Social machinery never works in these cases because machines lack intelligence of their own, and because they tend to  ensure that the people making the decisions simply do not have sufficient facts to determine the nature of the problem.  These problems invariably ensure that the administration of the school, when they intervene, cannot tell who really is bullying whom and consequently as often as not intervene on the side of the bullies.  The problem is a simple one.  If you see a particular student having problems with several other students, without a lot more detailed knowledge, you cannot tell if the other students are bullying or the one student is picking fights.   These things require local knowledge and they require human scale.  In the age of school consolidation and a focus on economies of scale, these things are nowhere to be found.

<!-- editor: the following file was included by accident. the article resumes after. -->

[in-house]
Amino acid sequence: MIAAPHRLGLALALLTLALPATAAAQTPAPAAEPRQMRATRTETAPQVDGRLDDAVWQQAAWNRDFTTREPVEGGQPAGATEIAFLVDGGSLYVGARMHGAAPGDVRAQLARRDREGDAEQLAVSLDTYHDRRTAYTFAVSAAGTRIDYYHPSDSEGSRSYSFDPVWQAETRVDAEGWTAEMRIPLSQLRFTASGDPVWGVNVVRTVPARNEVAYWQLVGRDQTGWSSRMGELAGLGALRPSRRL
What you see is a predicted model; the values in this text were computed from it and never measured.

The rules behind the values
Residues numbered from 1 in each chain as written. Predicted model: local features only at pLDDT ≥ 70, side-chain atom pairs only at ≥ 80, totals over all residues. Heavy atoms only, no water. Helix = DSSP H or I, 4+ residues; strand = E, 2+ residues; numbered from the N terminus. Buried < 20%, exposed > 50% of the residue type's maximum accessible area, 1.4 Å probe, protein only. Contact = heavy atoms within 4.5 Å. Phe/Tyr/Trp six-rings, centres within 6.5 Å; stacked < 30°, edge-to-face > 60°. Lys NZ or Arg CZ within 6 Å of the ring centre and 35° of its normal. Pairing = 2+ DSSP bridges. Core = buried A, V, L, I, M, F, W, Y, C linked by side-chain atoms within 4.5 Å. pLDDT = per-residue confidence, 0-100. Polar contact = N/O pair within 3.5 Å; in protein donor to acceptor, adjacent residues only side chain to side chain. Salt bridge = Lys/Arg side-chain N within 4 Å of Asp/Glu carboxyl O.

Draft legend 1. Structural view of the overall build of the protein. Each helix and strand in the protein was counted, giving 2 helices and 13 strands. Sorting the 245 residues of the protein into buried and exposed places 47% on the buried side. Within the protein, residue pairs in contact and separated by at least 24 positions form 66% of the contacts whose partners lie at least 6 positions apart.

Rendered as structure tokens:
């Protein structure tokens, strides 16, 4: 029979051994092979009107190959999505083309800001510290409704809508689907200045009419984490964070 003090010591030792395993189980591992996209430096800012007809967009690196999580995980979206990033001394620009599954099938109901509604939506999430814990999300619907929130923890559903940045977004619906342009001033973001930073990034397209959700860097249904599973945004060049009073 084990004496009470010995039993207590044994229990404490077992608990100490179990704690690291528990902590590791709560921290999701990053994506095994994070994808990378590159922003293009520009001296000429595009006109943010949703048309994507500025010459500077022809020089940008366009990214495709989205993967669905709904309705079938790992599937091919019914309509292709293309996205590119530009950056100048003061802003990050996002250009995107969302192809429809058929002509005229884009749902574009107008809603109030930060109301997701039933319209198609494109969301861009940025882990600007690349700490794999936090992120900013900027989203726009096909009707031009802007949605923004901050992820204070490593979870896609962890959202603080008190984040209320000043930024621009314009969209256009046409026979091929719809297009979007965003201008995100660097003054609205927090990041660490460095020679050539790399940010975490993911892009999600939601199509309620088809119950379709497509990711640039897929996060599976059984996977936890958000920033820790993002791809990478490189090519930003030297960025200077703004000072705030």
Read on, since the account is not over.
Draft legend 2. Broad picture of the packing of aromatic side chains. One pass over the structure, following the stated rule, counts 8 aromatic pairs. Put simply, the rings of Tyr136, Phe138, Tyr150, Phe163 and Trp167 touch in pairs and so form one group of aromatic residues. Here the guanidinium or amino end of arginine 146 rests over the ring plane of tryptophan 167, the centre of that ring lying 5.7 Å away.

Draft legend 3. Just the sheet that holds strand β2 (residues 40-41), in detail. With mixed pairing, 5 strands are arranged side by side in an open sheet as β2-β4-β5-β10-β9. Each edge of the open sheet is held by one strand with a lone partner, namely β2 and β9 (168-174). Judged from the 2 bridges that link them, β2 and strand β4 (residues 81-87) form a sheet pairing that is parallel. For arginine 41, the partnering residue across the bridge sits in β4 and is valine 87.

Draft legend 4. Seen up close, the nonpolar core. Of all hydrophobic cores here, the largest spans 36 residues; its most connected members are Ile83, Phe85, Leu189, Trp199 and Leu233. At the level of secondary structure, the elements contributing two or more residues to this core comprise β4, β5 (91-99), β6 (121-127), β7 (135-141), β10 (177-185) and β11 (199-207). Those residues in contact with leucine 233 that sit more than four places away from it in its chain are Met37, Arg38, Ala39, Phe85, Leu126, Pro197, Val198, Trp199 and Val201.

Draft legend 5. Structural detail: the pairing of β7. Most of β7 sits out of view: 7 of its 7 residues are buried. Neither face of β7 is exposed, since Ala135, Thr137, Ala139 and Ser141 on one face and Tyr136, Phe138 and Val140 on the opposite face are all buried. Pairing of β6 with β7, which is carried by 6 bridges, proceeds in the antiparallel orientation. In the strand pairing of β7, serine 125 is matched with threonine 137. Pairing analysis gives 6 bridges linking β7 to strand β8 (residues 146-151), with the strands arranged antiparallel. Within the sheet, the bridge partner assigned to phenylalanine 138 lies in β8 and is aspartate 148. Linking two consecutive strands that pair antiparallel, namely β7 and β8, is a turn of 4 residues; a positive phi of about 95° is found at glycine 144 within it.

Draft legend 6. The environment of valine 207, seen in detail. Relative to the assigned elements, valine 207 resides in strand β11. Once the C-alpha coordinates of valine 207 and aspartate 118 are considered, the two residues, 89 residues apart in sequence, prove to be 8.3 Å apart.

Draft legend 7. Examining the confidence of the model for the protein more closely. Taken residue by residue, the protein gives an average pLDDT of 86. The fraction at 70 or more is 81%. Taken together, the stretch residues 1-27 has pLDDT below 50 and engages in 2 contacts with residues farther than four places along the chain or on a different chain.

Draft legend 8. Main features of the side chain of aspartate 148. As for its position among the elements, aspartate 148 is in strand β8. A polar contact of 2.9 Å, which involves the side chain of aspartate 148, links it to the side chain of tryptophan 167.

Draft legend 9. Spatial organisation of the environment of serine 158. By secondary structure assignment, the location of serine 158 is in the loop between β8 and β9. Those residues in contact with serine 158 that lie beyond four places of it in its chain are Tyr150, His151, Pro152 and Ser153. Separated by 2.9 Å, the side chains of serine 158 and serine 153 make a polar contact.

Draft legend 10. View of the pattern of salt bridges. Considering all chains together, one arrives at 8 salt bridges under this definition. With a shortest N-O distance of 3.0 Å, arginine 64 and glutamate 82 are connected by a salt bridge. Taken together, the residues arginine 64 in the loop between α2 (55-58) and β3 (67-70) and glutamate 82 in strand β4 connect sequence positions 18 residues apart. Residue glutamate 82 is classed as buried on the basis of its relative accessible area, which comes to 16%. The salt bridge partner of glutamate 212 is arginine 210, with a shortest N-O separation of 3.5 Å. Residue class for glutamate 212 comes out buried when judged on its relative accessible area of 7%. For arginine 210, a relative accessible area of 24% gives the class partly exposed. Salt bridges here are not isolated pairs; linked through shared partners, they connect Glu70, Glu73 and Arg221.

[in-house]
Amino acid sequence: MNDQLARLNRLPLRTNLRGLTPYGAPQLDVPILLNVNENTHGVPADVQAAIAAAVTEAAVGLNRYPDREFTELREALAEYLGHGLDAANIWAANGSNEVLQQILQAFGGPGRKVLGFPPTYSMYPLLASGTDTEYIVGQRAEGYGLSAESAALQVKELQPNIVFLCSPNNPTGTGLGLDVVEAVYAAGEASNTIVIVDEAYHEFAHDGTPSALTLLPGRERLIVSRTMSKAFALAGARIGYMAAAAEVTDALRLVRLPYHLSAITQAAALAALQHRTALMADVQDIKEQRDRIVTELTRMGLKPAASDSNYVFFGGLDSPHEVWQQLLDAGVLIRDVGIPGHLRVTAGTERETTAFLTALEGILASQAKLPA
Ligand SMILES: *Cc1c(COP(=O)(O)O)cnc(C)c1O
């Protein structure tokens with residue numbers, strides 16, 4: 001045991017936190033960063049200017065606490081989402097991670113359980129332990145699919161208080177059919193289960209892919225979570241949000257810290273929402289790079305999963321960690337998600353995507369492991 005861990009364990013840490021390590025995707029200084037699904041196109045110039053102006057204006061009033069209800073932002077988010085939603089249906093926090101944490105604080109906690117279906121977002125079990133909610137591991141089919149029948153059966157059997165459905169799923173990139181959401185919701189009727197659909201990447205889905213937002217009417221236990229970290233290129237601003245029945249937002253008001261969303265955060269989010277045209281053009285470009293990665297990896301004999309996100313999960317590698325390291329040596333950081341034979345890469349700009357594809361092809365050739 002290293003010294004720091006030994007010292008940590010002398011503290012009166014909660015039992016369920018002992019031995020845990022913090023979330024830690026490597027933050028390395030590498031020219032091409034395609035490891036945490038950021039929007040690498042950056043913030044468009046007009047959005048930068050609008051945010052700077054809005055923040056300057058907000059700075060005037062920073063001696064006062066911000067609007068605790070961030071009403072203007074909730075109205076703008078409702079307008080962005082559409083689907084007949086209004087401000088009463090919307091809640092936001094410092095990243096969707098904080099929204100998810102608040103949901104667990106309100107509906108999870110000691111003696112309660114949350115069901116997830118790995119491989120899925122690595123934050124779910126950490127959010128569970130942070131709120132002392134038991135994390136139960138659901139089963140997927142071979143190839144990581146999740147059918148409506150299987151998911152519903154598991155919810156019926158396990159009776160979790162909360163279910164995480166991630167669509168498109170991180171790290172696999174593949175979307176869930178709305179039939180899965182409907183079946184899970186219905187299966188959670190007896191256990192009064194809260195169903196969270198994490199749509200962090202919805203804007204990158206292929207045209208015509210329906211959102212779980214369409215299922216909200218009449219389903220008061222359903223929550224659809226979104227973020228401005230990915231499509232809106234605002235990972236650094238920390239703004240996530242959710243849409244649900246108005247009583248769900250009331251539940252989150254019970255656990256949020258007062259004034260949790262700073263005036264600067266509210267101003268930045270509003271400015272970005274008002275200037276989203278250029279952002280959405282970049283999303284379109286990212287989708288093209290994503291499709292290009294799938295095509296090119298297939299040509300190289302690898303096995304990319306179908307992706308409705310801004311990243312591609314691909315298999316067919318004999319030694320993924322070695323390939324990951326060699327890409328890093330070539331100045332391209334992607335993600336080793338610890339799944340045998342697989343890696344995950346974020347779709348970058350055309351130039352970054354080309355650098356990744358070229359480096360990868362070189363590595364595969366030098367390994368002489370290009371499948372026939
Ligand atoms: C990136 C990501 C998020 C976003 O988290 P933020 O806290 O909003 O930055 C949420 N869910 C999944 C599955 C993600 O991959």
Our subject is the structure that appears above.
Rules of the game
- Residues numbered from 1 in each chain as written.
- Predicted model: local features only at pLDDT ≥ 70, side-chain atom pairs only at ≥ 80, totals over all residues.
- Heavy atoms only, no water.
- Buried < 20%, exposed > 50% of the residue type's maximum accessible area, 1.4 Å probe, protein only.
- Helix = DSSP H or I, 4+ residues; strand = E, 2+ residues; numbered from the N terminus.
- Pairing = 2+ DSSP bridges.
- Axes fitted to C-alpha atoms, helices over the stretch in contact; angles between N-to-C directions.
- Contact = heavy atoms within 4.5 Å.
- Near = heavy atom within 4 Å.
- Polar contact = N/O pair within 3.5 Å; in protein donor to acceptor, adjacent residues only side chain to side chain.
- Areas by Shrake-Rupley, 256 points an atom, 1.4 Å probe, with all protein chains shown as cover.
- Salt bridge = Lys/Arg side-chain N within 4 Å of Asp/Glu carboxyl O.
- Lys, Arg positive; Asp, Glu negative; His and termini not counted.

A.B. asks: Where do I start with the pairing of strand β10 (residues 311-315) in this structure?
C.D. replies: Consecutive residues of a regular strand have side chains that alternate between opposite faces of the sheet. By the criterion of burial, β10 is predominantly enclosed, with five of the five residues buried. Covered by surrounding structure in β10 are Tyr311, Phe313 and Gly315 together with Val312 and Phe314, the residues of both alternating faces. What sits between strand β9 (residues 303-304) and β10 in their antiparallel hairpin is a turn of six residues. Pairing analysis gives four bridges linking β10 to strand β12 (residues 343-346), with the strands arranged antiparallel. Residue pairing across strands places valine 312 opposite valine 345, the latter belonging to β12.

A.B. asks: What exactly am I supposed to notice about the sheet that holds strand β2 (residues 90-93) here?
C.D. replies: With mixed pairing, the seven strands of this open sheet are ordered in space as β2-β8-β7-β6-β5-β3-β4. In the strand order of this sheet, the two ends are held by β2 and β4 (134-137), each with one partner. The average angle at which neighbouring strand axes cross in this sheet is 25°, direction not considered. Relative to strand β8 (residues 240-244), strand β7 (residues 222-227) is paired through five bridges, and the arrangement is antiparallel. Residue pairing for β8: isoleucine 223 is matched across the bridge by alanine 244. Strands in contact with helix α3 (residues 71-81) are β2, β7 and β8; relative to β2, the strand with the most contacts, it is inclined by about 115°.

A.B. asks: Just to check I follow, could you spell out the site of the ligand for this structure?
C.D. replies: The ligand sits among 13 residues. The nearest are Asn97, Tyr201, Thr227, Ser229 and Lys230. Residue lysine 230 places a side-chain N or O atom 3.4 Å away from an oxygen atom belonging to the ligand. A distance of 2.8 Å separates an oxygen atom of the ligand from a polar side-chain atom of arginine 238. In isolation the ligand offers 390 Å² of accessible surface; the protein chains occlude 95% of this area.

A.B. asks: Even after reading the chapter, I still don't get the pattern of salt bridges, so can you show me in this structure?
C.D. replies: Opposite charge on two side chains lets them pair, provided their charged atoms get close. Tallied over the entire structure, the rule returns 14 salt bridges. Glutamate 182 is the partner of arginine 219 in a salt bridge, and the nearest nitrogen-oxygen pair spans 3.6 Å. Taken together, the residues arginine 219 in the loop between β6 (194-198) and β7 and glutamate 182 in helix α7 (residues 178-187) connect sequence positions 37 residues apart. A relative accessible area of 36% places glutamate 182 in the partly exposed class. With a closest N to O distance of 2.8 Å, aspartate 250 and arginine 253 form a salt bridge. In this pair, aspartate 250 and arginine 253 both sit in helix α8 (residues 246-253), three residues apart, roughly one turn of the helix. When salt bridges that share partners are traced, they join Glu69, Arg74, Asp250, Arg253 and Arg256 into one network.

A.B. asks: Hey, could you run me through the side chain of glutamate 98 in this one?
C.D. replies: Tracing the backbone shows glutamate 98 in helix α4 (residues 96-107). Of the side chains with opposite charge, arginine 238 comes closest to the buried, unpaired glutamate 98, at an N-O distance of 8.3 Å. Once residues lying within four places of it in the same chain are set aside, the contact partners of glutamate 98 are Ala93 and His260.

When I was a kid being bullied I found that teachers and the principle tried to intervene and fix the problems but they never did things right, and this was a relatively small, rural school.  The principle never really could figure out what was going on no matter what people said.  Sometimes the principle would understand and take my side.  Other times, well, not so much.  There was one time he called the bully and I into the gym, brought out boxing gloves and told us to fight it out.  The teachers, having better knowledge of what was going on, had no way to make a difference.  One of them resorted to bribing one of the bullies to leave me alone.

There were two things that made the situation bearable for  me.  The first is that I was secure in my place in my family, and in the love of my parents.  I had a strong sense of self, and was not about to let the bullies take this from me.  But beyond that I had a very strong sense that the bullies were facing problems I could not fathom.  I always knew somewhere inside and with nobody telling me, that my life was better than theirs, and that in no way would I want to switch places.  This was driven home to me when a few years ago I found out the father of one of the worst of the bullies had been arrested for molesting children, years later.